I stopped by the original Caffe Fiore (in north Ballard) yesterday afternoon for a double shot of espresso, and was treated to a double shot of expert advice about the right way to drink an espresso ... and the right way to enjoy a café. As Jon, the barista, was preparing my drink, he asked whether I wanted to enjoy it "the proper way" as he was reaching for a ceramic espresso cup -- suggesting with a raised eyebrow that a paper "to-go" cup would be improper. I nodded, and he went on to tell me that there is not only a proper way to make and serve espresso, there is a proper way to drink it -- proper meaning "the way they do it in Italy" -- which is to down it in one shot, 8 to 10 seconds after it is served, when the crema is at its height and the temperature is perfect.
Of course, I wanted to experience the espresso properly, and so I tried this method, and I agree that it was a fabulous taste sensation, with the flavor filling my mouth and lingering long afterward, with the kind of subtle shifting of flavor perception I typically associate only with wine. I have [in the past] tended to sip my espresso, trying to prolong the experience, and yet I have often recognized that after the first sip or two, the drink cools and the flavor and texture is diminished. I remember being told as a child that the proper way to eat spaghetti, i.e., the way they do it in Italy, is to use a spoon along with a fork in order to "cup" the pasta as it is twirled into a bite-size ball. So now I have a more proper (or more Italian) way of enjoying both spaghetti and espresso.
Interestingly, Jon's advice is very much in keeping with a review of Caffe Fiore's Sumatra:
When hot, a robust, full-bodied dark roast with a pleasantly rough character: chocolate and wine tones in the aroma, in the cup a hint of fruity ferment and musty earth. As the coffee cools, however, the musty earth tones turn bitter and weigh oppressively on the cup.
After I downed my espresso at the counter (no time to carry it back to the table ... which helps explain the prevalence of espresso bars in Italy), I sat down and opened up my laptop, noting aloud to Jon and another customer who had just walked in that there was an access point labelled "Metro King County". They told me that some Metro King County buses are now offering WiFi and so I was probably picking up the access point of a passing bus. This, then, led to a discussion about the use of WiFi in cafes, and both of the conversants expressed disdain for the way that WiFi-enabled laptop users have encroached on the social atmosphere some of their favorite coffeehouses ... including the other Caffe Fiore, recently opened in Queen Anne (the Ballard cafe does not offer WiFi).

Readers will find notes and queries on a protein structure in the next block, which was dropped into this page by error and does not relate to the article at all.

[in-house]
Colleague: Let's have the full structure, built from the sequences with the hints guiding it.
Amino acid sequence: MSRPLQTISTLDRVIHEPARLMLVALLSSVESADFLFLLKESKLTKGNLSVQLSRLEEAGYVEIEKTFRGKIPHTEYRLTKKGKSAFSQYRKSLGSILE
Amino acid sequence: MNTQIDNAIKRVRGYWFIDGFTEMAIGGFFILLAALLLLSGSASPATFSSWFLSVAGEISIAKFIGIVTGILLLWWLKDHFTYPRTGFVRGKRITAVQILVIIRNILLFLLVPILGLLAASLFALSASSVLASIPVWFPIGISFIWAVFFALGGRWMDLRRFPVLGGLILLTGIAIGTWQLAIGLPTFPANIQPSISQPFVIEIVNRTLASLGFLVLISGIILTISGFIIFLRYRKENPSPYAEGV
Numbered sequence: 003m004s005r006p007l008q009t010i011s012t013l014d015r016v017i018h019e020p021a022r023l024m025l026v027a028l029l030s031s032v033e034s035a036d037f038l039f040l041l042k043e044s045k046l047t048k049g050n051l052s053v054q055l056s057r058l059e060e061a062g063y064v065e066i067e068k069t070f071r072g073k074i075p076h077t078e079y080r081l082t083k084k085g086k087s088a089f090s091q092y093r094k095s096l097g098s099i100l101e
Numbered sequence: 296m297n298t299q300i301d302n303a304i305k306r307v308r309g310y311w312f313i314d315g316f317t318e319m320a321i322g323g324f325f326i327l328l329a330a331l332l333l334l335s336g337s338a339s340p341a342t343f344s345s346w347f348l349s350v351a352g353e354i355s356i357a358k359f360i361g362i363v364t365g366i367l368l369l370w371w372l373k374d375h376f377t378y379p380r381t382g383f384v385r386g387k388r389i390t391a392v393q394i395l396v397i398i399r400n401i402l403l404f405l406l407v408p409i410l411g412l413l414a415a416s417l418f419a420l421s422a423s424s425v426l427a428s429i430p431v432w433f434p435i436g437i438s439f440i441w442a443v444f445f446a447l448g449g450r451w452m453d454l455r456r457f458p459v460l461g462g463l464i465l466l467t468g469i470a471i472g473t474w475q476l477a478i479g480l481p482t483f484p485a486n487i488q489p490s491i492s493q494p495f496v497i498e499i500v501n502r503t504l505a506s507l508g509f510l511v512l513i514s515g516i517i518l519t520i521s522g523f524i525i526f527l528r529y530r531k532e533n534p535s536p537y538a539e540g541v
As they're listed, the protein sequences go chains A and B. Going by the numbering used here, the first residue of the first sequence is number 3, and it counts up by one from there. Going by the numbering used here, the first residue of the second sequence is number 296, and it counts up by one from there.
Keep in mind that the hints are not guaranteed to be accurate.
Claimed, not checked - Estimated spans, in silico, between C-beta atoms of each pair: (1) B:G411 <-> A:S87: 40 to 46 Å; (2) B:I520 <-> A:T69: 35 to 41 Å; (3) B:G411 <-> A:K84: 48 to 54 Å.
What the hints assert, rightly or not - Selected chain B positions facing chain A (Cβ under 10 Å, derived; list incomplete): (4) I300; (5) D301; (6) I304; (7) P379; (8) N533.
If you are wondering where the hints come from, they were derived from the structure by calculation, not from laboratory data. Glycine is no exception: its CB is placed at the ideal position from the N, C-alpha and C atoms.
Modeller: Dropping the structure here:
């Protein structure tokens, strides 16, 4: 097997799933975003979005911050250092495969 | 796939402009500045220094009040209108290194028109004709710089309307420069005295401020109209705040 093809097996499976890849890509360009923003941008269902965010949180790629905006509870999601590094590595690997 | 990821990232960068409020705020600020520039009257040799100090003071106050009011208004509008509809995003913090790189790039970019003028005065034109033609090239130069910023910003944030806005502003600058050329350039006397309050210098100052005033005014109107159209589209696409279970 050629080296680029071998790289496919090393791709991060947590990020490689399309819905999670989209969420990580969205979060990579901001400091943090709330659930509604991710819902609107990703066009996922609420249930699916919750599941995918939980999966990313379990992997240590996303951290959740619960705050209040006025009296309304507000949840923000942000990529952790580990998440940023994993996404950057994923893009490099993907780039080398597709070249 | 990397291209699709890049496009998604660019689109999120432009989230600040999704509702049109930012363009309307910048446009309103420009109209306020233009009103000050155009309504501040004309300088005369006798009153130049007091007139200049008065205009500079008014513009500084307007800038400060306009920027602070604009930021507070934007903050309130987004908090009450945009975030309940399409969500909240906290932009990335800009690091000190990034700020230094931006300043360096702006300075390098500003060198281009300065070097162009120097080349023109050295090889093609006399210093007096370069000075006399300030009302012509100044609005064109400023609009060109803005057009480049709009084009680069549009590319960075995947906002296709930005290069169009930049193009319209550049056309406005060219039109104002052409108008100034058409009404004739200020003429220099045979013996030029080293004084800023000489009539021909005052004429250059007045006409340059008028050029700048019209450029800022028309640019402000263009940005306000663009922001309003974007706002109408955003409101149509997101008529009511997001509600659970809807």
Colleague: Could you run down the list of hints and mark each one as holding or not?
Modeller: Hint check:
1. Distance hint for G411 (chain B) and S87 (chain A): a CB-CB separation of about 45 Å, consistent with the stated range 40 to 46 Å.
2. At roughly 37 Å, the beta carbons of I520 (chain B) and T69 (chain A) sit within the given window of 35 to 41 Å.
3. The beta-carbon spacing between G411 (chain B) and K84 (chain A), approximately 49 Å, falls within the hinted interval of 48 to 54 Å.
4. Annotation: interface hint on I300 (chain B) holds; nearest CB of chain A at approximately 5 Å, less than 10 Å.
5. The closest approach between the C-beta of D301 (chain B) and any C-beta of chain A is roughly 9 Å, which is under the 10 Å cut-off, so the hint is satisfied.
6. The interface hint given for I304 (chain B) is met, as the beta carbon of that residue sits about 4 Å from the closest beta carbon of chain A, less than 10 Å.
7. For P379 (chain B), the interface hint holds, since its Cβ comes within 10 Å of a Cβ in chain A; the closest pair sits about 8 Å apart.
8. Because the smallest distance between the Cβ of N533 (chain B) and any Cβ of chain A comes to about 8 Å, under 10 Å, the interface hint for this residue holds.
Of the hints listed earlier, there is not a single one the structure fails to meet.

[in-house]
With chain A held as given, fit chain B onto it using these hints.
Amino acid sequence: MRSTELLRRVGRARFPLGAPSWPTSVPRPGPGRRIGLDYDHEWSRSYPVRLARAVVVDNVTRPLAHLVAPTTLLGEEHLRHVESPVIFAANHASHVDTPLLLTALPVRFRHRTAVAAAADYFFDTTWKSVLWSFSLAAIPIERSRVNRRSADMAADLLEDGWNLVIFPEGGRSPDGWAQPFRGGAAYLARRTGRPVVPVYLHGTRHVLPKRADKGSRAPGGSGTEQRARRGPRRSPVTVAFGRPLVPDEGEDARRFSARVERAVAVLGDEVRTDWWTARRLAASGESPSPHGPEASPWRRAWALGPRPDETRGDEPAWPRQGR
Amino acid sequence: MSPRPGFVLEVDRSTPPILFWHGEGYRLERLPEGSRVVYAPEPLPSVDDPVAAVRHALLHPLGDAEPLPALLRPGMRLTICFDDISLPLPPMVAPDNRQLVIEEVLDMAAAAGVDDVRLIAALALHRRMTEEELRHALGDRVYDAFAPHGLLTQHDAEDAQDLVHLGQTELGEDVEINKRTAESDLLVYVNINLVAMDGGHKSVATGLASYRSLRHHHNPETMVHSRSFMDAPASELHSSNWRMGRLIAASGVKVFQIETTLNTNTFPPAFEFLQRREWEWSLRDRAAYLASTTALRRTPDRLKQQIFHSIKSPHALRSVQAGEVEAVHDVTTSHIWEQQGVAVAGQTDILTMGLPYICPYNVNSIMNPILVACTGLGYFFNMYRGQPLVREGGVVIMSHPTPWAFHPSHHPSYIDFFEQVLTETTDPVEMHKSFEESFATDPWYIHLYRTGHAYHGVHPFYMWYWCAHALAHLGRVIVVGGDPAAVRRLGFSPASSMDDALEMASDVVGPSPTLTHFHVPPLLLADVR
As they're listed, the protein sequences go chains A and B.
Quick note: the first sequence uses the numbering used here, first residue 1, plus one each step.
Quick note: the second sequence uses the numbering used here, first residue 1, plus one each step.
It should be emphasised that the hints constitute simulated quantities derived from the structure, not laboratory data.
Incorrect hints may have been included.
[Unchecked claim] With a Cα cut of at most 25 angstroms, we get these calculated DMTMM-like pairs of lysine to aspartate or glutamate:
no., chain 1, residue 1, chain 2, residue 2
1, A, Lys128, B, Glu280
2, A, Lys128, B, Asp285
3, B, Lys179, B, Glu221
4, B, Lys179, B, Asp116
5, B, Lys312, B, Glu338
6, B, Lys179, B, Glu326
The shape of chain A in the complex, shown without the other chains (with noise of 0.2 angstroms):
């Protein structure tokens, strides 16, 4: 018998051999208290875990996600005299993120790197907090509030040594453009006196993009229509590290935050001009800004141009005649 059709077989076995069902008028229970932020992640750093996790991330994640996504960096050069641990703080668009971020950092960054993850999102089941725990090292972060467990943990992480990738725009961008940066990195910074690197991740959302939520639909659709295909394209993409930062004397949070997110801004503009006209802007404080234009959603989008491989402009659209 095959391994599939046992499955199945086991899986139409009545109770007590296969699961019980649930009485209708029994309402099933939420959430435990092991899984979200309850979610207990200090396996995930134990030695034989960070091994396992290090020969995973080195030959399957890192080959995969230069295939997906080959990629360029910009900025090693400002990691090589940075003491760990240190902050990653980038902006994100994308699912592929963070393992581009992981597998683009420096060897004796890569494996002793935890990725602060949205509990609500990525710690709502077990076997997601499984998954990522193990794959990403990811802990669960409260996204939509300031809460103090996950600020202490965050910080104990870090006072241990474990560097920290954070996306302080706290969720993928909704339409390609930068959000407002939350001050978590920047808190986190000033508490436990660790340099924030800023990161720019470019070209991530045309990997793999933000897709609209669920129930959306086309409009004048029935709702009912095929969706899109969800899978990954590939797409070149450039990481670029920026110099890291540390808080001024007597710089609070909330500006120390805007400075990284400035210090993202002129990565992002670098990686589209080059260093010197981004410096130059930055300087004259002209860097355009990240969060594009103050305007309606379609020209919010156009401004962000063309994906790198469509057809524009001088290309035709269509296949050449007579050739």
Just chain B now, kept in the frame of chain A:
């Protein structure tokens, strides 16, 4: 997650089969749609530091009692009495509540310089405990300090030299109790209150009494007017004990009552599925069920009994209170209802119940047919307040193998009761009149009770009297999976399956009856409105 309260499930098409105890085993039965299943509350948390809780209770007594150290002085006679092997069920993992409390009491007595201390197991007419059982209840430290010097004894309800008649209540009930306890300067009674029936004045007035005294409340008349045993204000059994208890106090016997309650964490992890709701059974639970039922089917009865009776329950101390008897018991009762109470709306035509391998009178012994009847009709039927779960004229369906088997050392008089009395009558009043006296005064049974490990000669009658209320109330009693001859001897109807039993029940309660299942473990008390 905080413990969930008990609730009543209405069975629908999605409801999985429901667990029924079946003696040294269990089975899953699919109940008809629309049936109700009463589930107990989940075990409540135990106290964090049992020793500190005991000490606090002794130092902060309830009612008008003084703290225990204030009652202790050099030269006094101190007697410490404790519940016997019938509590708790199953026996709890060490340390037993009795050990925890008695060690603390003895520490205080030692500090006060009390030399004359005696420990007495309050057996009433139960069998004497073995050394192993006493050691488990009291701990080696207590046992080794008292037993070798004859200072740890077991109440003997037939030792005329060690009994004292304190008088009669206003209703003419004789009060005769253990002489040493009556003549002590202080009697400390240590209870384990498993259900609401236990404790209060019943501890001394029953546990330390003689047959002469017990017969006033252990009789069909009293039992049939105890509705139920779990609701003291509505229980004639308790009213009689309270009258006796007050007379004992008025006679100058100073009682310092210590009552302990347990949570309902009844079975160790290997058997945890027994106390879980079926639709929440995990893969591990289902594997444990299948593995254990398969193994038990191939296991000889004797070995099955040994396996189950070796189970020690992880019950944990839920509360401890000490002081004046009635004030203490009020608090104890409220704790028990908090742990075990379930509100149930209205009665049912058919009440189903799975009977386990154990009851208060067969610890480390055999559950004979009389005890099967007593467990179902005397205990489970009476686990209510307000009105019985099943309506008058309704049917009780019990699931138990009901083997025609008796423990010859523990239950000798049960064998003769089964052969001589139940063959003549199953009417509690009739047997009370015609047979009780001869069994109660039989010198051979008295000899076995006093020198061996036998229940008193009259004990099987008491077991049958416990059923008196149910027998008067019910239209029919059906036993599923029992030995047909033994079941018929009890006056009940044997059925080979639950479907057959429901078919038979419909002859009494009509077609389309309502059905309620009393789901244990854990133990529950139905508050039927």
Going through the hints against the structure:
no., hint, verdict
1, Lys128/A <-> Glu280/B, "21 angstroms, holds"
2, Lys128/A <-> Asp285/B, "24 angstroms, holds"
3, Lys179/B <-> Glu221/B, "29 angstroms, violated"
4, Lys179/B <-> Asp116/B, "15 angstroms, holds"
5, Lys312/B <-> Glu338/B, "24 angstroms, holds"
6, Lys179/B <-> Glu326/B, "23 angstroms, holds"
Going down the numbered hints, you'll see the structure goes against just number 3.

I have observed -- and written about -- the social impact of WiFi in cafes, and can see both the costs and the benefits. Using a laptop does seem to diminish one's approachability more than the reading a book or newspaper, and yet, some people seek out third places such as cafes not for conversation but to enjoy the social experience of being alone in a crowd. I often seek out cafes expressly for the ability to check my email when I'm traveling between local meetings (and a drip coffee or espresso, depending on the time of day). The problem seems to be related to the proportion of laptop users ... and, of course, how much time -- and money -- they (er, we) spend. Trevor, a friend and former colleague -- and also a social person who also enjoys using WiFi in cafes -- once suggested that the ideal ratio of laptop to non-laptop users is approximately 1:2 ... enough so that he doesn't feel awkward being the only laptop user, but not so many that the clickety-clack of the keyboards overcomes the hubbub of conversation.
not [eventually] find a web site for Caffe Fiore, but in googling around, I discovered that the Seattle Weekly notes that at the Queen Anne cafe, "free Wi-Fi keeps the low-key corner cafe lousy with laptops and gossip on weekday afternoons" [although I wonder whether this article contains a typographical error, where "lousy" was intended to be "busy", given that another description of Caffe Fiore in Seattle Weekly refers to "the pleasantly chic and relaxing atmosphere" ... and, if it is a typographical error, whether it represents a Freudian slip]. At Seattle WiFi Mug (Caffeinated and Unstrung: A Guide to Seattle's Free Wireless Coffee Shops), the page for the Queene Anne café provides an alternate perspective from a [presumed] WiFi laptop user: "until 8:30 it is wonderfull... From then onwards, there is just droves of very loud talking moms, with even louder children".
All of this is very much in keeping with observations Kristi Heim shared with me just yesterday morning about the sense of community at the original Caffe Fiore, the relative lack of community feeling at the Queen Anne cafe, and the role that WiFi likely plays in that difference. I had never heard of Caffe Fiore before that, and I find it rather synchronistic that I just happened to come upon the cafe yesterday afternoon, after deciding to take the "northern" route home after a late afternoon meeting at Shilshole Bay Beach Club. I'm not sure whether there are any coincidences, but when I encounter unexpected confluences and convergences, I like to investigate further, and am usually rewarded ... often in multiple ways.